Rail travel in Switzerland

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Andrew Bossi
Switzerland will spoil you with a fantastic transport system - swift and disturbingly punctual trains, clean buses, and half a dozen different kinds of mountain transport systems, all integrated into a coherent system. The discount options and variety of tickets can be bewildering, from half fare cards to multi-day, multi-use tickets good for buses, boats, trains, and even bike rentals. In general, there's at least one train or bus per hour on every route. On many routes there are trains and buses running every 30 or even 15 minutes, with city transit services running every 5-7 minutes during rush hours. However, as with everything in Switzerland the transit runs less often, or at least for a shorter period of the day during weekends, and particularly on Sundays and public holidays and in less densely inhabited areas.
Information, routes, fares, policies and schedules for almost all public transport can be found online on the Swiss Federal Railways' (SBB CFF FFS) website which is a must-use resource for any traveller to Switzerland. Information can also been found on posters and screens at any stop, or from a ticket window at any railway station. The nation-wide coherently integrated timetable is also available as a free smart phone app. At any railway station of any provider you can get information and tickets (at manned ticket counters) for any of the many members of the integrated railways network of Switzerland and most bus systems, in particular PostBus Switzerland (de: PostAuto, fr: CarPostale, it: AutoPostale) which provides an online timetable as well with the same data.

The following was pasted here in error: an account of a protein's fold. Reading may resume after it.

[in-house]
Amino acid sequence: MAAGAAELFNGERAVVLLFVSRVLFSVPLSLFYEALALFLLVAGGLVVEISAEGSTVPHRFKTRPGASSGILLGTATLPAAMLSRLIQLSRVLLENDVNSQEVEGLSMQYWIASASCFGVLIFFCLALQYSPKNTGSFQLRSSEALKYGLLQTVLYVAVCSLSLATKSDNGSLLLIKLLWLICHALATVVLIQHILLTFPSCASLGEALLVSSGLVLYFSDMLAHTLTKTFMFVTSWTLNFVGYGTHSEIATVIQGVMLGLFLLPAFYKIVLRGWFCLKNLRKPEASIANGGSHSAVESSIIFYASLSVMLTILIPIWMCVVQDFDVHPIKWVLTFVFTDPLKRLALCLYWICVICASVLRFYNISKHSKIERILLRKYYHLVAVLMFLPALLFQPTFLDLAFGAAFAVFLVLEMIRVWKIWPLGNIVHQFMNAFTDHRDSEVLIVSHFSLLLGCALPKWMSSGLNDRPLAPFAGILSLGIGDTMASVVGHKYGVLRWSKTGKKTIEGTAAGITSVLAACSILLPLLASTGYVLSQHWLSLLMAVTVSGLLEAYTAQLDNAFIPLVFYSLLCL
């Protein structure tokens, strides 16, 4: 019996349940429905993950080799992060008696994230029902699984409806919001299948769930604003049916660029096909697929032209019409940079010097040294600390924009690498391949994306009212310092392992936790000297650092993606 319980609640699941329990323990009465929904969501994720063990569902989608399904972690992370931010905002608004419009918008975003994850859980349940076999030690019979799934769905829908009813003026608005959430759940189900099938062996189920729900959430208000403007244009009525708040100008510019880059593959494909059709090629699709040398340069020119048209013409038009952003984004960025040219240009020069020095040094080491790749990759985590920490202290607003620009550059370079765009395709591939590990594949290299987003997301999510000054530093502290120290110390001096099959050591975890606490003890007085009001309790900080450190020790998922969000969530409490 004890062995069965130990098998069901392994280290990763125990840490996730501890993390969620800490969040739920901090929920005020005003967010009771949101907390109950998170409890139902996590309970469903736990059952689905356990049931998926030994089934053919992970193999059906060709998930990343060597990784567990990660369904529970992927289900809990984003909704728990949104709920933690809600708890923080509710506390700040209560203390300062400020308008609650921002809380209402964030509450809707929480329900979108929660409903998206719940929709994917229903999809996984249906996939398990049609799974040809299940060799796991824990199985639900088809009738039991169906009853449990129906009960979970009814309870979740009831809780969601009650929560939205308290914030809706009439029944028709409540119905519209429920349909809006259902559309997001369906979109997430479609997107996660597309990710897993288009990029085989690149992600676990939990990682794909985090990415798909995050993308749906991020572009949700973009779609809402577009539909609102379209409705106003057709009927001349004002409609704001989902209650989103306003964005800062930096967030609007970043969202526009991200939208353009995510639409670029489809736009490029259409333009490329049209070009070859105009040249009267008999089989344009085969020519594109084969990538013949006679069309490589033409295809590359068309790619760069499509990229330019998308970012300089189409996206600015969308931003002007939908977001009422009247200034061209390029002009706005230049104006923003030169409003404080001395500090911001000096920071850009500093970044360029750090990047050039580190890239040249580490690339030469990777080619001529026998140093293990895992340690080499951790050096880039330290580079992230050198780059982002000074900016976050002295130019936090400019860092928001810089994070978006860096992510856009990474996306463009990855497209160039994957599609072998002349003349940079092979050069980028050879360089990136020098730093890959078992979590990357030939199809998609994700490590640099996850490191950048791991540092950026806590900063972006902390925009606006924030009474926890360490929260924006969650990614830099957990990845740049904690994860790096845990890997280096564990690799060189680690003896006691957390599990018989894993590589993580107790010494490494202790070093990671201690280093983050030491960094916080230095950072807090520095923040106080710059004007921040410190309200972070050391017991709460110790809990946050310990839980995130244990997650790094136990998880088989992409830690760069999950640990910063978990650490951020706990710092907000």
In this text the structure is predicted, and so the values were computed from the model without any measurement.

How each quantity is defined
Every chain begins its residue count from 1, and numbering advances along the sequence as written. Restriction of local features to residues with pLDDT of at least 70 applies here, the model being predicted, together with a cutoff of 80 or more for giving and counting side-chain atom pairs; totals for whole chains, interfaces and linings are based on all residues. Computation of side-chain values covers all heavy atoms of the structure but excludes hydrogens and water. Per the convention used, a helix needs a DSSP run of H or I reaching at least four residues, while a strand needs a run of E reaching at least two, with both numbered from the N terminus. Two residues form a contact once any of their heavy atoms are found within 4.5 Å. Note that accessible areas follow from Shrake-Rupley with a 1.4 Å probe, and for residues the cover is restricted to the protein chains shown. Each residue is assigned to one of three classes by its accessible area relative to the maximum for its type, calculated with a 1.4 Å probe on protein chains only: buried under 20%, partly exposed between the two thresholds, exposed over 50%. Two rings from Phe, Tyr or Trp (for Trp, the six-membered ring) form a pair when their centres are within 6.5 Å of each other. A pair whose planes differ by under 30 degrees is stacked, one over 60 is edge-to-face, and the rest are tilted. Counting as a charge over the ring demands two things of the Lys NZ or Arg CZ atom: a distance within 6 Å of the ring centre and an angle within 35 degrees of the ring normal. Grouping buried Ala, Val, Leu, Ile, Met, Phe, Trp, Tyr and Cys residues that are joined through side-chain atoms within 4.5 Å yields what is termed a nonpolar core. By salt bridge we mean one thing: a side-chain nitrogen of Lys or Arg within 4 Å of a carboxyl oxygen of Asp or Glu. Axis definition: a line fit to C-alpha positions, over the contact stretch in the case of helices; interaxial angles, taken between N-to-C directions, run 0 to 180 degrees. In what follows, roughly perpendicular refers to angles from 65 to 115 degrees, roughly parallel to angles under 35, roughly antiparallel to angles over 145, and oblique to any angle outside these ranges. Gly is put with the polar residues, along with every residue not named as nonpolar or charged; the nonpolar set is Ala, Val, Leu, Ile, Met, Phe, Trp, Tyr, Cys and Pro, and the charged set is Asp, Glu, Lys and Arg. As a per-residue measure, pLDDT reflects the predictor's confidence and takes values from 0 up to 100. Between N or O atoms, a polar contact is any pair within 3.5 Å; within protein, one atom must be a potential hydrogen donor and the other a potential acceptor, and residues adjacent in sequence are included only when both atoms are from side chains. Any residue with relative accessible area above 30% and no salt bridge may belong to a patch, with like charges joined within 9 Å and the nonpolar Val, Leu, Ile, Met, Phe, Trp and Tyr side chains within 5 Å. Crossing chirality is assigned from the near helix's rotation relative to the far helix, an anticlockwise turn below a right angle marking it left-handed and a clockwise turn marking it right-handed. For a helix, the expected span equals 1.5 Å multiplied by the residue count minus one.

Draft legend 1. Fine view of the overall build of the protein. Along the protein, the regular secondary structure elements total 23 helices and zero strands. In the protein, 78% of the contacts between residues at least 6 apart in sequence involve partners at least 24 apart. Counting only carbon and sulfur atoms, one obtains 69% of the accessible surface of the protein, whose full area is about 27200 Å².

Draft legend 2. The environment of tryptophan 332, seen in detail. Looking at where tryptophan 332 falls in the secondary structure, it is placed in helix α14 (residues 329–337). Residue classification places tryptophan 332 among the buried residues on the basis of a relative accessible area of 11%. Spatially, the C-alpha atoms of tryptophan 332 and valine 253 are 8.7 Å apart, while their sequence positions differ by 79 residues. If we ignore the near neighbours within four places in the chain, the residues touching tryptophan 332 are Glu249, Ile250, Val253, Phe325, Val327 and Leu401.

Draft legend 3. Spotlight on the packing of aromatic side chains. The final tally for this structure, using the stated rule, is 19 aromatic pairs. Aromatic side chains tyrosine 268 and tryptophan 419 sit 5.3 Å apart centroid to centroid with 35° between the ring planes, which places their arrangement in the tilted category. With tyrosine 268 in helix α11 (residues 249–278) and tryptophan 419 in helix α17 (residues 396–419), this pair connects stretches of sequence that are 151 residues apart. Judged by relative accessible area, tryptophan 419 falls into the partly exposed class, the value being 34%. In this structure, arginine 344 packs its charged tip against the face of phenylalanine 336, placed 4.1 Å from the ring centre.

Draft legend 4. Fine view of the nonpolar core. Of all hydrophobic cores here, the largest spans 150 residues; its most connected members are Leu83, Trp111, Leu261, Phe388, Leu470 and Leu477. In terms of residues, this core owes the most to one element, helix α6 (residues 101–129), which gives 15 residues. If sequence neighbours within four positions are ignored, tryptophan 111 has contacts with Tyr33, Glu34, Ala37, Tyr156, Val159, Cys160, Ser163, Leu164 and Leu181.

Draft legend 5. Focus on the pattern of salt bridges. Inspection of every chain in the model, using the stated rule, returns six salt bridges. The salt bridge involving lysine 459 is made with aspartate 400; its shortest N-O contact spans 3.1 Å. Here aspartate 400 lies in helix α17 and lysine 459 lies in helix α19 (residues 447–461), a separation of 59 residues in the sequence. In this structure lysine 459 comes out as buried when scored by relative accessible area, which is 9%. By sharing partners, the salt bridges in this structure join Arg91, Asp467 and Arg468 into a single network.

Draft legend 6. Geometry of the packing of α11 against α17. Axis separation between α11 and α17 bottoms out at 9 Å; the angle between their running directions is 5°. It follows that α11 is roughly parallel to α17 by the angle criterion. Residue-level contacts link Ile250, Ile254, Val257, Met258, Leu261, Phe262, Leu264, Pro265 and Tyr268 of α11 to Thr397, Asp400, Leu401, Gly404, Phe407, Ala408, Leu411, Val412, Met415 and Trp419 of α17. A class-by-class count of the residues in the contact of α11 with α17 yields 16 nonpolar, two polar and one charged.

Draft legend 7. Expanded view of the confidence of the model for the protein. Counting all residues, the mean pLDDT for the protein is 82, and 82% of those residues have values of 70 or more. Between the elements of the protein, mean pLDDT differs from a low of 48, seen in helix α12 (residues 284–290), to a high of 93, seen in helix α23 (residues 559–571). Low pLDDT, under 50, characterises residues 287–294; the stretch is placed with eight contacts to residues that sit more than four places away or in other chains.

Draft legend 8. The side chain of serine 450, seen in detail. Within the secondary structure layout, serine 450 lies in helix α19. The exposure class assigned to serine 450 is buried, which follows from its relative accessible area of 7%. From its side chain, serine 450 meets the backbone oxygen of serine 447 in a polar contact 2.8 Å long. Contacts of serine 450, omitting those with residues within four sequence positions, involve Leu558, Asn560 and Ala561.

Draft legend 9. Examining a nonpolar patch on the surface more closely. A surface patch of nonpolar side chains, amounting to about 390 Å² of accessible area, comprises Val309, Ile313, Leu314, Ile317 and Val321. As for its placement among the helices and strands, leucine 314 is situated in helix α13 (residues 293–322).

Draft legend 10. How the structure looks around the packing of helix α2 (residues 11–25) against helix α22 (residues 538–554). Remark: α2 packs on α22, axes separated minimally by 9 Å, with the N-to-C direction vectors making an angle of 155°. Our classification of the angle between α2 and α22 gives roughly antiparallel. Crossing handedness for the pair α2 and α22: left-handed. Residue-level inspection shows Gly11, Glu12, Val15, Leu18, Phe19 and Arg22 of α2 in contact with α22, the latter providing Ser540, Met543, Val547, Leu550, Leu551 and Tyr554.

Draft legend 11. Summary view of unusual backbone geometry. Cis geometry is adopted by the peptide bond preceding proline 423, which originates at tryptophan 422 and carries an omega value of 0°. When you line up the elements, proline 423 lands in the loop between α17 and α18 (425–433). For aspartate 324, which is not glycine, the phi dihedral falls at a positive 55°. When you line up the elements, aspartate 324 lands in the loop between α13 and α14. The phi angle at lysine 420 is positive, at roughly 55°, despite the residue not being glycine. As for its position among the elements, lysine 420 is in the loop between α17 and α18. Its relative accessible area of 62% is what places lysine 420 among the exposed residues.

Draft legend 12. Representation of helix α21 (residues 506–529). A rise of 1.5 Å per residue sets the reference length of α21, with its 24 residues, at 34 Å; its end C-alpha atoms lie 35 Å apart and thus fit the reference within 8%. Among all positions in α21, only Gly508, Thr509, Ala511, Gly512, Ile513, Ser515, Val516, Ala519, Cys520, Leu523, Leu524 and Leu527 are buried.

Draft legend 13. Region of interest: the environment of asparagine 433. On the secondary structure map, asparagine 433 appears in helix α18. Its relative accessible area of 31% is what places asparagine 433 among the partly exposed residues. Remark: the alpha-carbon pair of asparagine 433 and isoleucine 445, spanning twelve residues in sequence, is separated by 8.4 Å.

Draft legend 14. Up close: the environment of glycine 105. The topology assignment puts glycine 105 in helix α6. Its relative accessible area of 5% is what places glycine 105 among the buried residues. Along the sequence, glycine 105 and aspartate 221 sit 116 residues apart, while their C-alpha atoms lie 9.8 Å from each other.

Bus and trains do not and are not allowed under law to compete each other in Switzerland, rather - quite the opposite, they are complementary to each other – besides being coordinated timetable-wise. That way, almost all inhabited villages and towns in Switzerland can be reached by public transport. This is actually constitutionally demanded by the Public Service regulations of the Swiss Confederation. Public Service is a unique Swiss term loosely referring to all kinds of laws, acts, and ordinances, which define the basic supply of public services and infrastructure in particular concerning postal services, telecommunication, electronic media, public transport and road infrastructure.
There are about 20 regional fare networks throughout the country, which incorporate many kinds of public transport (city bus, tram, metro, any kind of train, PostBus, boats, funiculars and others) by many different providers around urban centers into one single fare system, such as ZVV in the canton of Zurich, unireso (see also: Geneva's tpg) in the canton of Geneva and its French adjacent area, or mobilis around Lausanne in the canton of Vaud at the northern shore of Lake Geneva, passepartout in the cantons of Lucerne, Nid- and Obwalden (keyword: Titlis). Usually these networks sell zone-based tickets valid for a particular time frame (instead of point-to-point tickets) for journeys within their fare network borders. Many of these networks and transit operators provide their own free smartphone apps; sometimes to be found on the major city's transit company website.
Even if there is no train or city transit available, the comprehensive PostBus Switzerland network gets you there. Where applicable, PostBus Switzerland is part of regional fare networks. You find all timetable information on Swiss Federal Railways' (SBB CFF FFS) online timetable, but PostBus Switzerland also provides their own free app with the same information as by SBB as well as many additional features.
Further information about the railway network in Switzerland and the Switzerland-wide countryside bus network is also available online.



International connections

Information for railway enthusiasts